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Menopause is a normal physiological condition and most women do not need treatment for the menopause. At least ten percent of women however may seek medical advice for relief of symptoms of menopause. Mild symptoms may be managed at home but more severe symptoms and associated medical conditions need attention.
Menopause is associated with several emotional and physical changes. There is initial menstrual irregularity followed by a complete cessation of menstruation. A slight increase in the amount of menstrual blood loss is also common. For many women missing three consecutive months of periods or an average cycle length longer than 42 days predicts impending menopause. Approximately 10% of women have an abrupt cessation of periods.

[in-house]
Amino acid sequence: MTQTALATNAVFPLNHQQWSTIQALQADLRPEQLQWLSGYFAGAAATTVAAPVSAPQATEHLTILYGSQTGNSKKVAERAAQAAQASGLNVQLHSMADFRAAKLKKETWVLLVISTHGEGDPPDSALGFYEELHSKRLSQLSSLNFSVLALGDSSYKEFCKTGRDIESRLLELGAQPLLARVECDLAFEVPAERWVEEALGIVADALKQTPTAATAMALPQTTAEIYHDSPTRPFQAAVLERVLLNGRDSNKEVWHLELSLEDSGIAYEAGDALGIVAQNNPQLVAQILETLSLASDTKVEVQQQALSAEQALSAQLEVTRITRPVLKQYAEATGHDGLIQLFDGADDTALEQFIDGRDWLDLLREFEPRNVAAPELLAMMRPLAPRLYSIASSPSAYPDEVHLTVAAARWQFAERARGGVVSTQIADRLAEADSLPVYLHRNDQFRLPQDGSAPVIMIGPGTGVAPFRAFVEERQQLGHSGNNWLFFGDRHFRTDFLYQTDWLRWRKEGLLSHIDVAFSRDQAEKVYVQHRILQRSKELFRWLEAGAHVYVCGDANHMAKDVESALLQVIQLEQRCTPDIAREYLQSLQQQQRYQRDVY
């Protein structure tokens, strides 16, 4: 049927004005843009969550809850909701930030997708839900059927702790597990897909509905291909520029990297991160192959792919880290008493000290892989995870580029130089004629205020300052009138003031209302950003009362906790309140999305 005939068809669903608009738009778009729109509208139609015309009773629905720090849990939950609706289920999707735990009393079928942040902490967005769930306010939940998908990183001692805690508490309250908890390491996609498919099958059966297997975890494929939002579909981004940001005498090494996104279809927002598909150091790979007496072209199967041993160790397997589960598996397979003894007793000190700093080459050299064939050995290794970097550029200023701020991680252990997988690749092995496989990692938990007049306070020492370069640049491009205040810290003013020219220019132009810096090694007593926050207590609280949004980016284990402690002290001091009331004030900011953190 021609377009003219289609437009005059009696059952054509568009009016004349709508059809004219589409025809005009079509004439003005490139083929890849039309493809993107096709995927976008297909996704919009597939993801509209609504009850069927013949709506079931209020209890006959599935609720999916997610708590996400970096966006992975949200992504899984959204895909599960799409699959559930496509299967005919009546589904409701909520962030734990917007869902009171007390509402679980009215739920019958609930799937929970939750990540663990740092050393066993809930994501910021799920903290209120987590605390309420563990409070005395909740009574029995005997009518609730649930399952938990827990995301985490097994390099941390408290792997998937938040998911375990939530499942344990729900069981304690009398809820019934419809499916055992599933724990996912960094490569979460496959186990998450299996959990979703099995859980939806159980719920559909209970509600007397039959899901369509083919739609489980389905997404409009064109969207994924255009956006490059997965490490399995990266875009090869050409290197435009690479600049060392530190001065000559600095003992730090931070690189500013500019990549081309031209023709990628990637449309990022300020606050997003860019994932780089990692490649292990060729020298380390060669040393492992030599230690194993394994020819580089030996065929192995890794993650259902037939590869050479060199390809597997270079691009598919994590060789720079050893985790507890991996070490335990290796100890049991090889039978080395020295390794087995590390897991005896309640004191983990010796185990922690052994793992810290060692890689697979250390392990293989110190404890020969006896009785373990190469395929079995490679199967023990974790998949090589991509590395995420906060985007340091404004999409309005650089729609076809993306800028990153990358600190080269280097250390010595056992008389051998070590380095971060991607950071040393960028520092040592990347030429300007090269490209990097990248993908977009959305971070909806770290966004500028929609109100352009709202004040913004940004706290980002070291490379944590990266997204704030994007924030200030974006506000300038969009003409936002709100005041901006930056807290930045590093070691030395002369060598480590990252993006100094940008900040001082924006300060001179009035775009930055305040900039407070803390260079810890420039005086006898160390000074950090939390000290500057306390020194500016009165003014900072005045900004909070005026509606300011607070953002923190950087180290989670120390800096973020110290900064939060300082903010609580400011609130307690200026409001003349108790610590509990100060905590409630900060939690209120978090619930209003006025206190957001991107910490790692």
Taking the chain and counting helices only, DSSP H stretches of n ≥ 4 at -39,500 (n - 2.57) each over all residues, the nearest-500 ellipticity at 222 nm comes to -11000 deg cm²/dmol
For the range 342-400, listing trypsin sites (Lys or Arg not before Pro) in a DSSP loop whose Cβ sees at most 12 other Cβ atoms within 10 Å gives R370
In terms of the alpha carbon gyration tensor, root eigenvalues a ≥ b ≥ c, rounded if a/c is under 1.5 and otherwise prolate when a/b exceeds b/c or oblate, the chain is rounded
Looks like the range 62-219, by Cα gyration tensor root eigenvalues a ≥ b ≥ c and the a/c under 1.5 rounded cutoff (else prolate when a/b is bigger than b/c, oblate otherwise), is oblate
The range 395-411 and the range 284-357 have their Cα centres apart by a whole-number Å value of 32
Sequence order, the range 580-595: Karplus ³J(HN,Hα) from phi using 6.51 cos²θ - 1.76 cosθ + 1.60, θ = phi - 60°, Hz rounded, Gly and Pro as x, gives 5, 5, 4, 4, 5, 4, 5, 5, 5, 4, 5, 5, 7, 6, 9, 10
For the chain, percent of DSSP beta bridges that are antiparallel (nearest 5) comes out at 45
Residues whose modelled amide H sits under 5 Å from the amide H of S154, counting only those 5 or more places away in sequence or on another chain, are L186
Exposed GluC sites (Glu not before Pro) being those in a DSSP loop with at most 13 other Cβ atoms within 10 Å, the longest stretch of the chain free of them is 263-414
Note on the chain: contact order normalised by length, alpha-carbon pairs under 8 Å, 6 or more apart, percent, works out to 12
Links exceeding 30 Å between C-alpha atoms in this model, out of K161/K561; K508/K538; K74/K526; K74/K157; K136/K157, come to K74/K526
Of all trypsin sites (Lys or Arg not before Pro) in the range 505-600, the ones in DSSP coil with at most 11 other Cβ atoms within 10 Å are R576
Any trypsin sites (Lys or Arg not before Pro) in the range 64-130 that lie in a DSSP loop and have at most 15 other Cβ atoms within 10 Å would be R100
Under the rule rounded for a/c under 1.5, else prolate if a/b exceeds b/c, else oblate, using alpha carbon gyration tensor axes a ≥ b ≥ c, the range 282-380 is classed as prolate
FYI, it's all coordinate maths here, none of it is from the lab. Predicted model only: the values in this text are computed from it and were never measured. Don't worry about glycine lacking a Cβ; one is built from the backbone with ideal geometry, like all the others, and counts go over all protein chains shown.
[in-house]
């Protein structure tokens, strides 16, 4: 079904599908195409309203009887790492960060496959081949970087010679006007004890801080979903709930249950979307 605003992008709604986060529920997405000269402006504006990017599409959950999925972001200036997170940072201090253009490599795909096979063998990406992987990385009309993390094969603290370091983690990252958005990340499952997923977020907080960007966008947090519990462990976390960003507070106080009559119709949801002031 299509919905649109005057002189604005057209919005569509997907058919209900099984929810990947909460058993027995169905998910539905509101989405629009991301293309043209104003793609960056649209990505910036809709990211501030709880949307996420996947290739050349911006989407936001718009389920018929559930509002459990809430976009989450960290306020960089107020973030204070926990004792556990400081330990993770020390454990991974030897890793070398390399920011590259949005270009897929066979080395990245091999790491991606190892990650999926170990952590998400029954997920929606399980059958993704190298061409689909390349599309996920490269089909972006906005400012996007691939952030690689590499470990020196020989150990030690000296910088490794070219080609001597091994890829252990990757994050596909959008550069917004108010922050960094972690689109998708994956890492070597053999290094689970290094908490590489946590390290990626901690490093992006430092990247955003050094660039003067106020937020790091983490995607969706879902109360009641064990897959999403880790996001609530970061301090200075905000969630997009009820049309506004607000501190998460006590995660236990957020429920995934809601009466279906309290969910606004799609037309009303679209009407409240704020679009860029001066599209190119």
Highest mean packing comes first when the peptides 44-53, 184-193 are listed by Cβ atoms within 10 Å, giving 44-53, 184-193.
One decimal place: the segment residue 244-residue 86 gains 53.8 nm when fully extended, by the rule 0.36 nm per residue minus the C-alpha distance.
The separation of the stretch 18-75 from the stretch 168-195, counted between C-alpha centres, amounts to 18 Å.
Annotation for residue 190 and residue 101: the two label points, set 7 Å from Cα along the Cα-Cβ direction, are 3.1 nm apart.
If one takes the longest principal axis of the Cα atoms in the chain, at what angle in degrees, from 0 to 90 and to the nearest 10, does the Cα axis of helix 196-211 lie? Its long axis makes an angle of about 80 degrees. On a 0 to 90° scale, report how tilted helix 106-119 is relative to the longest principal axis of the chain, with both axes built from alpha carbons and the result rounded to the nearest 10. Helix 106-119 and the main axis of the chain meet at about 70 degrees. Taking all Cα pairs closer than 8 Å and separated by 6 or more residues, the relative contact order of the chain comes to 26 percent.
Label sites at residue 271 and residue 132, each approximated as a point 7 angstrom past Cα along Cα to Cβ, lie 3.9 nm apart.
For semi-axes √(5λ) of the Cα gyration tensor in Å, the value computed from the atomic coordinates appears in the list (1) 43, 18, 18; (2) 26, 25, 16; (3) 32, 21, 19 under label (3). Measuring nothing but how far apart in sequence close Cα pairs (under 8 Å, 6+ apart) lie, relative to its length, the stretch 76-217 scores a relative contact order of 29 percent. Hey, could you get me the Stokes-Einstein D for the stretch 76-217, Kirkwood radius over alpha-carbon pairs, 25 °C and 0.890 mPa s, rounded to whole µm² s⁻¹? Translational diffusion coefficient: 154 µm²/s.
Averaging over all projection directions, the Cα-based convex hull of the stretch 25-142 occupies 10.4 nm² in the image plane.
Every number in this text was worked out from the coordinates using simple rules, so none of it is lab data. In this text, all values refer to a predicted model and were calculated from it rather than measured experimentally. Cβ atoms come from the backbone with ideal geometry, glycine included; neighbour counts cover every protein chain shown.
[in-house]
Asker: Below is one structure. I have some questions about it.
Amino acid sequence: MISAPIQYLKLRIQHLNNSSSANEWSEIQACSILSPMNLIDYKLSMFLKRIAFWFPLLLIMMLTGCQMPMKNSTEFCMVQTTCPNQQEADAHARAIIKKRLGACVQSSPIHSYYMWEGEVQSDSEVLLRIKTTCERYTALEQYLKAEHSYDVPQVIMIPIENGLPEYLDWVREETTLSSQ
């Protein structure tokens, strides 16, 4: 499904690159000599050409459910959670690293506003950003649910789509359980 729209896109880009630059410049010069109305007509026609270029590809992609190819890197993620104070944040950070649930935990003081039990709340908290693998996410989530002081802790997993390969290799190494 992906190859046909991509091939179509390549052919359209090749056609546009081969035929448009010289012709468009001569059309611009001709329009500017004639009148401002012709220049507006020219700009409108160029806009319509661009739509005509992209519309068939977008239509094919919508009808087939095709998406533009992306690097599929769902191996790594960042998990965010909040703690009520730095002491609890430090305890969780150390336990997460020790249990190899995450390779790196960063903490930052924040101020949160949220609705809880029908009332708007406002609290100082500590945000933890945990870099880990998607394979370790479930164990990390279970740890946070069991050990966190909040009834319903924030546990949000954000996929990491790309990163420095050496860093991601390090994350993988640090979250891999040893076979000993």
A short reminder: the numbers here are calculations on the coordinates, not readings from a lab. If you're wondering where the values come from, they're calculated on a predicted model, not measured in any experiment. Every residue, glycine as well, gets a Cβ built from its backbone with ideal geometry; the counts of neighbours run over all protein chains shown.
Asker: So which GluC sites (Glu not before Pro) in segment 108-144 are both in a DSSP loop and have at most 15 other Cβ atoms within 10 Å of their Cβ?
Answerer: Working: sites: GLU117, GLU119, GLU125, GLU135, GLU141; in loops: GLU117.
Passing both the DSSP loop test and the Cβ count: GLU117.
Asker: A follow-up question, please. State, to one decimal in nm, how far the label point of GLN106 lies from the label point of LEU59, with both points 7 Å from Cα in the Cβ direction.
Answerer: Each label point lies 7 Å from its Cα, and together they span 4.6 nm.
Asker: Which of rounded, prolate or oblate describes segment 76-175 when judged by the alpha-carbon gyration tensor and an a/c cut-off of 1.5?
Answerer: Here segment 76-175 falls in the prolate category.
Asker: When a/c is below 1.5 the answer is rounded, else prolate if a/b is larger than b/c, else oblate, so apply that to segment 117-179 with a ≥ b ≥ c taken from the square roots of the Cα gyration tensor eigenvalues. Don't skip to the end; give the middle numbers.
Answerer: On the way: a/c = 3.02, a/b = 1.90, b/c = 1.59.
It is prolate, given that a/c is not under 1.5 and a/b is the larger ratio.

Some of the common symptoms include:-
Investigations are of limited value in diagnosis of menopause and it is detected clinically. Raised blood levels of FSH may provide clues to diagnosis of menopause. Women with suspected premature menopause or following a hysterectomy need assessment of FSH to detect premature ovarian failure.
Treatment options of menopause include hormone replacement therapy (HRT), tibolone (hormonal therapy), clonidine, vaginal lubricants and antidepressants.
There are three main types of HRT – estrogen-only (for women who have had their womb and ovaries removed), combined HRT (with both estrogen and progesterone) and continuous HRT for long term use in postmenopausal women. HRT is also available as cream or gel, skin patches or implants to be applied locally. They can be taken as pills as well. HRT is associated with numerous side effects like weight gain, breast tenderness, nausea, headaches and mood changes.